Somewhere across the sea

Polish foreign exchange student compares home country to U.S.


Photo by Grace McGuire

Polish exchange student Julia Kubiak finds her experience in America completely different in culture, educational system and people. To be eligible for this program, she had to undergo an extensive scholarship program meant to create leaders and individual thinkers.

Story by Maddie Anderson, staff writer

She walks through the halls of Texas High, her new school. Students bustle running to classes and laughing with friends. Administrators and teachers dispersed throughout the hallways, monitoring the vast sea of strangers that surround her. This would be junior Julia Kubiak’s world for the next nine months.

Originally from Poland, Kubiak longed for an experience at an American high school. The process was long and expensive, so Julia entered a scholarship for a foreign exchange program, which was extensive and rigorous, taking over a year to complete.

“Recrutation for my scholarship was really hard. In Poland, only 30 students get the scholarship out of 2000 applicants,” Kubiak said. “To get it, you had to prove that you were responsible, open minded, and that you are a good leader. I had to write six essays, an English test, and have an interview with an employee from the Department of State.”

“The people who received this scholarship participated in a camp to prepare us for this experience,” Kubiak said. “We learned how America is different from our country.”

She was taught the principles of the American school system, as well as the fundamentals of society and beliefs, such as political views and culture. Kubiak also had to perfect her English, which she had been studying for 13 years, beginning in preschool.

Kubiak arrived in the U.S. in the summer of 2017 and soon began school at Texas High, ready and excited to start her junior year in the U.S.

“It is hard for me to adjust because this school is very big. But I’ve come to really enjoy this school.  [Students] are always very friendly and ask a lot of fun questions,” Kubiak said. “My school had 200 people, so it is hard to find my way in the hallways. It is really big and different.”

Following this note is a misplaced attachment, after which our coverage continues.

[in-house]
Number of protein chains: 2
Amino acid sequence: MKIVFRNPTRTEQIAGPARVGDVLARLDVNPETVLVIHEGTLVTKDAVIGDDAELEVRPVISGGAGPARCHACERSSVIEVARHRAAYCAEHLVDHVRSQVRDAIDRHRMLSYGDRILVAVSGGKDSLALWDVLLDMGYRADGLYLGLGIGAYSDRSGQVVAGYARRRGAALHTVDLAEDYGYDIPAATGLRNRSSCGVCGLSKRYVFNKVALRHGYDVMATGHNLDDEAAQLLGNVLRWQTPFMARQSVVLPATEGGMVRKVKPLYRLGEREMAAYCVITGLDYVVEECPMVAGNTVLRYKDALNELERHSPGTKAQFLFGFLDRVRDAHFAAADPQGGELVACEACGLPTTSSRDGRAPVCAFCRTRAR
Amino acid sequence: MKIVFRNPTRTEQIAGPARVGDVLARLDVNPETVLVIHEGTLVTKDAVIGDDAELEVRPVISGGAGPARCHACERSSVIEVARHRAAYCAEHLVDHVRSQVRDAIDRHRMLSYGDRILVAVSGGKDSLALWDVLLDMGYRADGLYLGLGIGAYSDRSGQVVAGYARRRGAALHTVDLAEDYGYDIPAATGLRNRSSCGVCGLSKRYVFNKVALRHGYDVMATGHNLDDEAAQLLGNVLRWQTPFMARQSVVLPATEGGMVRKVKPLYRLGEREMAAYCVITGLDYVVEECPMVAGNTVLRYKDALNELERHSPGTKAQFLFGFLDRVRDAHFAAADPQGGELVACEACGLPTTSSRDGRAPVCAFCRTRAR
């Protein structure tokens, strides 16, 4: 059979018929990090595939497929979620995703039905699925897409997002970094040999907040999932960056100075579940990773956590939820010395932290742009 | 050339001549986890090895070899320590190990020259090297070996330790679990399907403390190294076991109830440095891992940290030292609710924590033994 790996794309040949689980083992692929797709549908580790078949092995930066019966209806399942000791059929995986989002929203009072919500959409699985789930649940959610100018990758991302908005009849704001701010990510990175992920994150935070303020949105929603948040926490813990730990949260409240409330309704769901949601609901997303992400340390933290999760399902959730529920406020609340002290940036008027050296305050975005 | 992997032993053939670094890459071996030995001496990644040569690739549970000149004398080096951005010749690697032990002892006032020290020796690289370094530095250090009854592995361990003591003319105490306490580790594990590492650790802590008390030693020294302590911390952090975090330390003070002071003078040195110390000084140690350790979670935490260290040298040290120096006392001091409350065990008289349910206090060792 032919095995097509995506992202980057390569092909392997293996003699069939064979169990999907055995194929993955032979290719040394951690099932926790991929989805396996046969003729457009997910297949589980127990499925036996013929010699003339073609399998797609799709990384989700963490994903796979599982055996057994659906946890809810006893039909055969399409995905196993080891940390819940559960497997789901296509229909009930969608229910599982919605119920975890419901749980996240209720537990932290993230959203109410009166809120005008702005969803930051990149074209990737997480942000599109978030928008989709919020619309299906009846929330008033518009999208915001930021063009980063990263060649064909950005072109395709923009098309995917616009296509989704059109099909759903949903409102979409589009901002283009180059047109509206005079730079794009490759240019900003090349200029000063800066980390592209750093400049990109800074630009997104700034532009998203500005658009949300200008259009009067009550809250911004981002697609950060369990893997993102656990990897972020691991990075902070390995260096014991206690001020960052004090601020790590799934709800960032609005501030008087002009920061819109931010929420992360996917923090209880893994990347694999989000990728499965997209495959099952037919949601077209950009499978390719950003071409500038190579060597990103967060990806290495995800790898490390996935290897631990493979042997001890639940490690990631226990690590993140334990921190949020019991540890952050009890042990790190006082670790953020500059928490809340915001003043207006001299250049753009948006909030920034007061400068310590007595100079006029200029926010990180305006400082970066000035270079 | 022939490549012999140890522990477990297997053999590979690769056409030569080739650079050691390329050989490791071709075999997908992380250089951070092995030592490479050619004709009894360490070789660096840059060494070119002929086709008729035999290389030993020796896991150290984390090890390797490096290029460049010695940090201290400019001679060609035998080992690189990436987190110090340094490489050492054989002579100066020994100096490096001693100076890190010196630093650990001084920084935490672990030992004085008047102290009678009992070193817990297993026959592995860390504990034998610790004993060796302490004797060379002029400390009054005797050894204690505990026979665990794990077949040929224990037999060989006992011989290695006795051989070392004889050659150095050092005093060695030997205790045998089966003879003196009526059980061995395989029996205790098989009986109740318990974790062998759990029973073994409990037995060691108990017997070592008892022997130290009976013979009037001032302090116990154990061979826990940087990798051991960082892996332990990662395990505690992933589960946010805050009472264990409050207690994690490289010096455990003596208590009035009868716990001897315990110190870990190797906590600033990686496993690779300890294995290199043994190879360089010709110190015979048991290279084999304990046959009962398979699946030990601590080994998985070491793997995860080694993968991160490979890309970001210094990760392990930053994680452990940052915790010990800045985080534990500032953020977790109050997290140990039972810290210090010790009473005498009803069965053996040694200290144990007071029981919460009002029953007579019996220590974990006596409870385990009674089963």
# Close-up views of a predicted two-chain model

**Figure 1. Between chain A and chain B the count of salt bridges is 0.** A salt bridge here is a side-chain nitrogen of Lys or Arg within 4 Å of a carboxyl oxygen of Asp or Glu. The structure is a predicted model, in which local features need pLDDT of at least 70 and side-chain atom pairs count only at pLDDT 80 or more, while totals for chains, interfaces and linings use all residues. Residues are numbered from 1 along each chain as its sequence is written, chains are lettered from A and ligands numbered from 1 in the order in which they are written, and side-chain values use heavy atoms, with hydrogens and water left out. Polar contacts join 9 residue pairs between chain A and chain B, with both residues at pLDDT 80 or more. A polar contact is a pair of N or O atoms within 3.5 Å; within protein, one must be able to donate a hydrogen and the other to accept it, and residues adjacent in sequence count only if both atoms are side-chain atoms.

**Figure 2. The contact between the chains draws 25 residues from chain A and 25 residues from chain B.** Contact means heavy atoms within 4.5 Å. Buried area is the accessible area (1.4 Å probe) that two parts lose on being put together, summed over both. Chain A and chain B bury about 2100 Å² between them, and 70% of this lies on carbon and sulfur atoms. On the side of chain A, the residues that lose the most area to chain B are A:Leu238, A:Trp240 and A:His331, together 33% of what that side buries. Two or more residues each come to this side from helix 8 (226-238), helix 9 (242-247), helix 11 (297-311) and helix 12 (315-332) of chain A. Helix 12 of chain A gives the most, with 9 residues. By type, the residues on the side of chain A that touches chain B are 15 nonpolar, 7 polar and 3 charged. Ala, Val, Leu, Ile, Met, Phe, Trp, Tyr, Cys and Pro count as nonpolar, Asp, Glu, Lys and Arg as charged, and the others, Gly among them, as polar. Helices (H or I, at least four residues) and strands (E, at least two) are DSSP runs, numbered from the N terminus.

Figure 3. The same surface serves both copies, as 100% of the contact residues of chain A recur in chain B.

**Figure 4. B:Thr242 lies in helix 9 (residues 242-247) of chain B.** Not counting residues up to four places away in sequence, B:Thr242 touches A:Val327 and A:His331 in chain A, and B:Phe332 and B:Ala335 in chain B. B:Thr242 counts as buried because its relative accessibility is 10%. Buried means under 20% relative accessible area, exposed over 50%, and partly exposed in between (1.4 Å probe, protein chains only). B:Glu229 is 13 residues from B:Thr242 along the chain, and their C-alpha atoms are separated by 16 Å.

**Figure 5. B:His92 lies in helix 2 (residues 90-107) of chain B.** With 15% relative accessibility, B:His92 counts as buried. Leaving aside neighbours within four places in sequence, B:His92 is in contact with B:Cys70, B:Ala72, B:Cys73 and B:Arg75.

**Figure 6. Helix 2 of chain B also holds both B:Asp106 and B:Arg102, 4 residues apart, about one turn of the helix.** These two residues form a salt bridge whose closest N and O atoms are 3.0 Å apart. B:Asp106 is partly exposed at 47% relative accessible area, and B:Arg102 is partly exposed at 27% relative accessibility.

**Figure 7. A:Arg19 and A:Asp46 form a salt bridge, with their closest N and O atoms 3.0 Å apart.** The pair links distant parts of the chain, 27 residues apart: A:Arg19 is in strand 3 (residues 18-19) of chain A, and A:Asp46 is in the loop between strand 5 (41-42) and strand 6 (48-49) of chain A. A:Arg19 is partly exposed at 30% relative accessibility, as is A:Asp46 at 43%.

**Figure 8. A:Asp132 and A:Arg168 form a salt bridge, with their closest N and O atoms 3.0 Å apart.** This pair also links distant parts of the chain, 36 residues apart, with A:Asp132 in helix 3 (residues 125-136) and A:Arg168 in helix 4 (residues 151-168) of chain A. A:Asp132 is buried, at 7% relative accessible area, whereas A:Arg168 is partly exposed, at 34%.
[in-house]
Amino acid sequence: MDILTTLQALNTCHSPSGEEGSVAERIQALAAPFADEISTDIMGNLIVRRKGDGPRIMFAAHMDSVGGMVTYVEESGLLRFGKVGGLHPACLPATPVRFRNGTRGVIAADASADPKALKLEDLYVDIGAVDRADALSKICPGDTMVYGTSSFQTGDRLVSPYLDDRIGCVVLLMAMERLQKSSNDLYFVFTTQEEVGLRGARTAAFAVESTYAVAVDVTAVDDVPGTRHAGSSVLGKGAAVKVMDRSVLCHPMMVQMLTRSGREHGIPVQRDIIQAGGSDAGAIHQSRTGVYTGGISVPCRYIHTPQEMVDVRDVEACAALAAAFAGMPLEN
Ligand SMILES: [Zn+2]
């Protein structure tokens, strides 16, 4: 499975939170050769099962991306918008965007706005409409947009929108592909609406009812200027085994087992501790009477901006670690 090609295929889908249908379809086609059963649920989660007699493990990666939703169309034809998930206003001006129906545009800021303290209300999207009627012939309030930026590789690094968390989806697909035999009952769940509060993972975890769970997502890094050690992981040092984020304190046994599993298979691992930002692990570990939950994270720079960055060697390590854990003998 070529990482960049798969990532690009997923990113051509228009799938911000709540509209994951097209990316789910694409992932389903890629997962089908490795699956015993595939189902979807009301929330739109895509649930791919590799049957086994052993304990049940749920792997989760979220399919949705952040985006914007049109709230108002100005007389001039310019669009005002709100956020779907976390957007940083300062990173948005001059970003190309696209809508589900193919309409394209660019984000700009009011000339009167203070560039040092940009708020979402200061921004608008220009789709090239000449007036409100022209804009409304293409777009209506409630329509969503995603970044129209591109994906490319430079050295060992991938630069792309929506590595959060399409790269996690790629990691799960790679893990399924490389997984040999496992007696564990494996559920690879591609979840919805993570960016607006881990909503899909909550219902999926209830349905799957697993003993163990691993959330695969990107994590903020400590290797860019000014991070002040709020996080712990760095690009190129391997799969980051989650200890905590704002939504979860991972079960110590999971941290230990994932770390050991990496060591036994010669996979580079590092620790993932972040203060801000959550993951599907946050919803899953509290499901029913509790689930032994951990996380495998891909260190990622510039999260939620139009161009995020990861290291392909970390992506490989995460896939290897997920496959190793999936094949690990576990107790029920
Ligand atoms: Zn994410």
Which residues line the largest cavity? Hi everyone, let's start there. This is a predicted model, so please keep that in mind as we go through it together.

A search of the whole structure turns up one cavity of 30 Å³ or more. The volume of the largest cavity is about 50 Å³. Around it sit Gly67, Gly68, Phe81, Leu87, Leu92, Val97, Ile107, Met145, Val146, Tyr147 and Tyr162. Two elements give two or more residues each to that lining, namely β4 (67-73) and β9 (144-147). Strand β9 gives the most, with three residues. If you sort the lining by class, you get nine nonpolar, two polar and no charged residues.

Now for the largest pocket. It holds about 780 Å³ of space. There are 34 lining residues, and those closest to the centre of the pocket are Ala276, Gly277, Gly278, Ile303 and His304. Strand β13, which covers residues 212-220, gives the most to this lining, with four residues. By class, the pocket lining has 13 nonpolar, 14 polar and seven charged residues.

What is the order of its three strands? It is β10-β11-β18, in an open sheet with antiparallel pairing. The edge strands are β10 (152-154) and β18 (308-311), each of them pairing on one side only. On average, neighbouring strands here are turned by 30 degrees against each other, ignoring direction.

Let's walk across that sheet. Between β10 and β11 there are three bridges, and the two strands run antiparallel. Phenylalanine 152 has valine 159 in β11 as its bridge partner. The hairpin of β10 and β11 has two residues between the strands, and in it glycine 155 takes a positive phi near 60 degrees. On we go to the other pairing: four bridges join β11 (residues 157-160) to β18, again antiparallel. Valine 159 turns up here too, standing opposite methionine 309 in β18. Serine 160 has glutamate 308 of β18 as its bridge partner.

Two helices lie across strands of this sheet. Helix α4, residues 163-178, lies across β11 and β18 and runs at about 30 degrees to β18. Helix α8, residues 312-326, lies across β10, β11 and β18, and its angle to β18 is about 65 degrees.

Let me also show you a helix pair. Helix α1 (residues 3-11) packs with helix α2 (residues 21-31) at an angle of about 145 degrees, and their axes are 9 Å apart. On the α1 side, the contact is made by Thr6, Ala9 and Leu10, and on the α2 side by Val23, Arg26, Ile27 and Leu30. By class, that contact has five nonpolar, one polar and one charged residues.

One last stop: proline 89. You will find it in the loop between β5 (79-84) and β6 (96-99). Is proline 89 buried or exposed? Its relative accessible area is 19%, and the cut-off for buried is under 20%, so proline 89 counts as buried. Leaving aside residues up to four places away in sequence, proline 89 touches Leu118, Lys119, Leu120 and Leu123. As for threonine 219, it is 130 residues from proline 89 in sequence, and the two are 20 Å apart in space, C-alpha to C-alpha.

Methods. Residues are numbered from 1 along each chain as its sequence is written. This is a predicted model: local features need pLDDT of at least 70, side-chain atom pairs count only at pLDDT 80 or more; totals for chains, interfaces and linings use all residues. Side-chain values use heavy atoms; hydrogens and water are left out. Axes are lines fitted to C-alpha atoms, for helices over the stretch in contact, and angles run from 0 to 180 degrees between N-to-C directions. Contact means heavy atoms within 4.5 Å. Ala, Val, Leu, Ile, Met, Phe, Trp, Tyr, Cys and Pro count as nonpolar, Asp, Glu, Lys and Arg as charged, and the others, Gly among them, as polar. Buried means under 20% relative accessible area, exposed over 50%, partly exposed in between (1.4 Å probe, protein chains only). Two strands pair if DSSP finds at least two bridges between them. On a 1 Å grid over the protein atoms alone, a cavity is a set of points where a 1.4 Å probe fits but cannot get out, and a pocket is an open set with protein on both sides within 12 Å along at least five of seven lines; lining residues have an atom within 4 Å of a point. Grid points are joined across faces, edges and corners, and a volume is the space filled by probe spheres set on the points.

Despite the language barrier and size of the school, she soon found her favorite classes, World History AP and soccer.

Here I have met such wonderful people who are always ready to help me, which means a lot to a foreign exchange student.”

— Julia Kubiak

“I like sports because they are really professional,” Kubiak said. “Texas High has really great sports facilities. I’m going to miss that.”

When compared to Poland, she found startling differences, especially within school.

“School in my country is much harder and more boring. We don’t have any elective classes and all our classes are on the AP level,” Kubiak said. “Our schools are much smaller, usually only about 300 people. We have every class with the same people, who are the same age.”

She hopes to continue to improve her English, and even apply for university in North America, with the University of Toronto being at the top of her list.

“I really like the school spirit here, I’m going to miss it in my country,” Kubiak said. “Here I have met such wonderful people who are always ready to help me, which means a lot to a foreign exchange student.”